As a Cowboys fan, it kills me to put Emmitt in the #2 spot, but I simply cannot rank him above Barry Sanders, all things considered. However, it is not fair for critics to cheapen his success by saying anybody could have run behind his o-line. The Dallas line was awesome in the early 90's, but you have to remember, Emmitt ran downhill and after he hit his hole (at lightening speed) he did most of the work in the defensive backfield. Emmitt was tough, determined, and extremely talented. You wouldn't know that a player as short as him could be not only so fast, but so strong. He also had about the best field vision of any back I've seen. He is a HOF-er and went to 8 Pro-Bowls (all in the 90's). He also holds the NFL records for career rushing yards at 18,355, rushing TDs at 164, and career 100+ yard rushing games at 78. Other honors include offensive ROY ('90), NFL MVP ('93), and Super Bowl MVP ('93). Before you bash Emmitt for simply being surrounded by an incredibly talented team, consider this: at the height of their dominance, in '93, Dallas went 0-2 to start the season without Smith on the team (he was holding out due to a contract dispute. The 'Boys, of course, got Emmitt back and went on to a 12-4 season and Super Bowl Championship. So it's worth thinking about just how vital Emmitt was to the Cowboys when he played, although the team as a whole was very talented. I would go as far to say, without Emmitt, there would have never been a Cowboys Dynasty in the 90's. He may be my #2, but he is a very close to #1.

1. Barry Sanders- Detroit Lions:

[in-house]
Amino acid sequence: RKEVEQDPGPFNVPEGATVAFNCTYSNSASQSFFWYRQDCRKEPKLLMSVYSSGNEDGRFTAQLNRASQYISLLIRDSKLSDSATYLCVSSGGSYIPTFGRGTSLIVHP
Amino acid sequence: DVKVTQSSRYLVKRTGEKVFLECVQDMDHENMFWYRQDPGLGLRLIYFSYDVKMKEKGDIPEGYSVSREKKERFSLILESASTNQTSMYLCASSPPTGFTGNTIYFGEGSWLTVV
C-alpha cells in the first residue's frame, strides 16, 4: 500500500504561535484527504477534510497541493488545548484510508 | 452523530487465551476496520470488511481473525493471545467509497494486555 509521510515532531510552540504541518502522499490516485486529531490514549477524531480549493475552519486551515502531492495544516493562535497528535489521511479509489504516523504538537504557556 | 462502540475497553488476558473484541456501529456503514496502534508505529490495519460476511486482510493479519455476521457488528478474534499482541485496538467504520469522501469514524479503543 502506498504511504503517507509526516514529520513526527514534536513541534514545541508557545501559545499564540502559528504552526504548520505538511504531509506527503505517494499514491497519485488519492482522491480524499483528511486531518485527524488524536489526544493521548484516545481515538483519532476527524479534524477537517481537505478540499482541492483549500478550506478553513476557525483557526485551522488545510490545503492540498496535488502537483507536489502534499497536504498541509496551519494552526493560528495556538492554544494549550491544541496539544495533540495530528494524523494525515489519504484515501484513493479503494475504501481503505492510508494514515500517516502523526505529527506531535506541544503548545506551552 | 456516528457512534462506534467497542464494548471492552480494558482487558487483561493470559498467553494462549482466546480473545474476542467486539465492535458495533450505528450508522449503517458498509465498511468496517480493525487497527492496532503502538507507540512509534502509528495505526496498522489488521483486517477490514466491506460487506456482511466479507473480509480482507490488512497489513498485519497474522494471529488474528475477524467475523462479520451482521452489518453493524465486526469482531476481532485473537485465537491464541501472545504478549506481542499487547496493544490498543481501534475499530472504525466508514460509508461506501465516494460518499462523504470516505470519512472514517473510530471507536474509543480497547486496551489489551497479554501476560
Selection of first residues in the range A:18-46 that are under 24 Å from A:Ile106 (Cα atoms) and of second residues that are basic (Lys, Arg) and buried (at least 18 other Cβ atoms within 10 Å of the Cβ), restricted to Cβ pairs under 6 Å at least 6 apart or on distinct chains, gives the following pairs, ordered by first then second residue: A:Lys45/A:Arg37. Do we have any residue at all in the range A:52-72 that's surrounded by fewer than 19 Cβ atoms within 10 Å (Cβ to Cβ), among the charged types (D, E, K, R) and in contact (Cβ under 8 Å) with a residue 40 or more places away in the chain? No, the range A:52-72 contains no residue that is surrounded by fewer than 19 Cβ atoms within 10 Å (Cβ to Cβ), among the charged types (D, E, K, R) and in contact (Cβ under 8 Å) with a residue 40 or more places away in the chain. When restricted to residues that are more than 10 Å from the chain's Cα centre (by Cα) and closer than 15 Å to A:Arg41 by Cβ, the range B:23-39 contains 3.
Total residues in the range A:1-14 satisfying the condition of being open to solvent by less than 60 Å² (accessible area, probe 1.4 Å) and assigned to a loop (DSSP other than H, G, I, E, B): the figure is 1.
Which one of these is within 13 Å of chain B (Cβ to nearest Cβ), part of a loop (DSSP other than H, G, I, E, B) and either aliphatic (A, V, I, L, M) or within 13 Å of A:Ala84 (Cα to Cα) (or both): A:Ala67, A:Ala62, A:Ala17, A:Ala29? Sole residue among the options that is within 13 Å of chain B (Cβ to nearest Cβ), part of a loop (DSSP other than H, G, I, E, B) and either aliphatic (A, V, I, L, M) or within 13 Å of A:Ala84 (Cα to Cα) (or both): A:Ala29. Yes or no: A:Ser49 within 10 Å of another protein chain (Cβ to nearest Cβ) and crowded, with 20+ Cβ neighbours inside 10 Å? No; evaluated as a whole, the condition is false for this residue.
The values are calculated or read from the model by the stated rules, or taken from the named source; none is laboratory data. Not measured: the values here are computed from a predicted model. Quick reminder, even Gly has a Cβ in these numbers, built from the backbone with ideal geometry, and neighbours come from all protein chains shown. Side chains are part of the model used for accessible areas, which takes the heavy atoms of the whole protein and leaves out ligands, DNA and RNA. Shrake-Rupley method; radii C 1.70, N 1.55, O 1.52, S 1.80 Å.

If Detroit has nothing else to be proud of, they absolutely must be proud of the great Sanders. As complimentary as I am of Emmitt Smith, it would simply be foolish to rank him above Barry Sanders. If I was to describe his running style in one word, it would be "elusive". If I was to use two words, they would be "inexplicably elusive". There's really no way to describe or understand how it was that Sanders was able to avoid tackles. He WAS the Lions offense. Despite a dismal line and shouldering the full load, he still made amazing happen year after year, until he got burnt out and retired after  10 seasons, while still in his prime (in true Jim Brown fashion). It drives many people absolutely insane that he retired just before capturing the All-time rushing record, thus they bitterly throw darts at Emmitt Smith. But the record just wasn't that important to Sanders. He played because he loved the game, and when the love began to fade (which I can understand playing for the Lions) he didn't care to do it anymore. In the 90's, he went to 9 Pro-Bowls, won offensive POTY twice ('94, '97), and was NFL MVP in '97. He holds 10 Lions franchise records. While he was only 5'8", 200 lbs, his legs were like tree trunks, and you will never find a back with better quickness and agility. He had the uncanny ability to stop and start on a dime, and hit his top speed almost instantaneously. His 15,269 career rushing yards make him 3rd on the all-time NFL rushing list, behind Walter Payton and of course, Emmitt Smith. Bottom line is, I can lobe all the statistic at you in the world, but you can't truly appreciate Sanders unless you've seen him run. So please enjoy this highlight tape of my #1 RB of the 90's: Barry Sanders!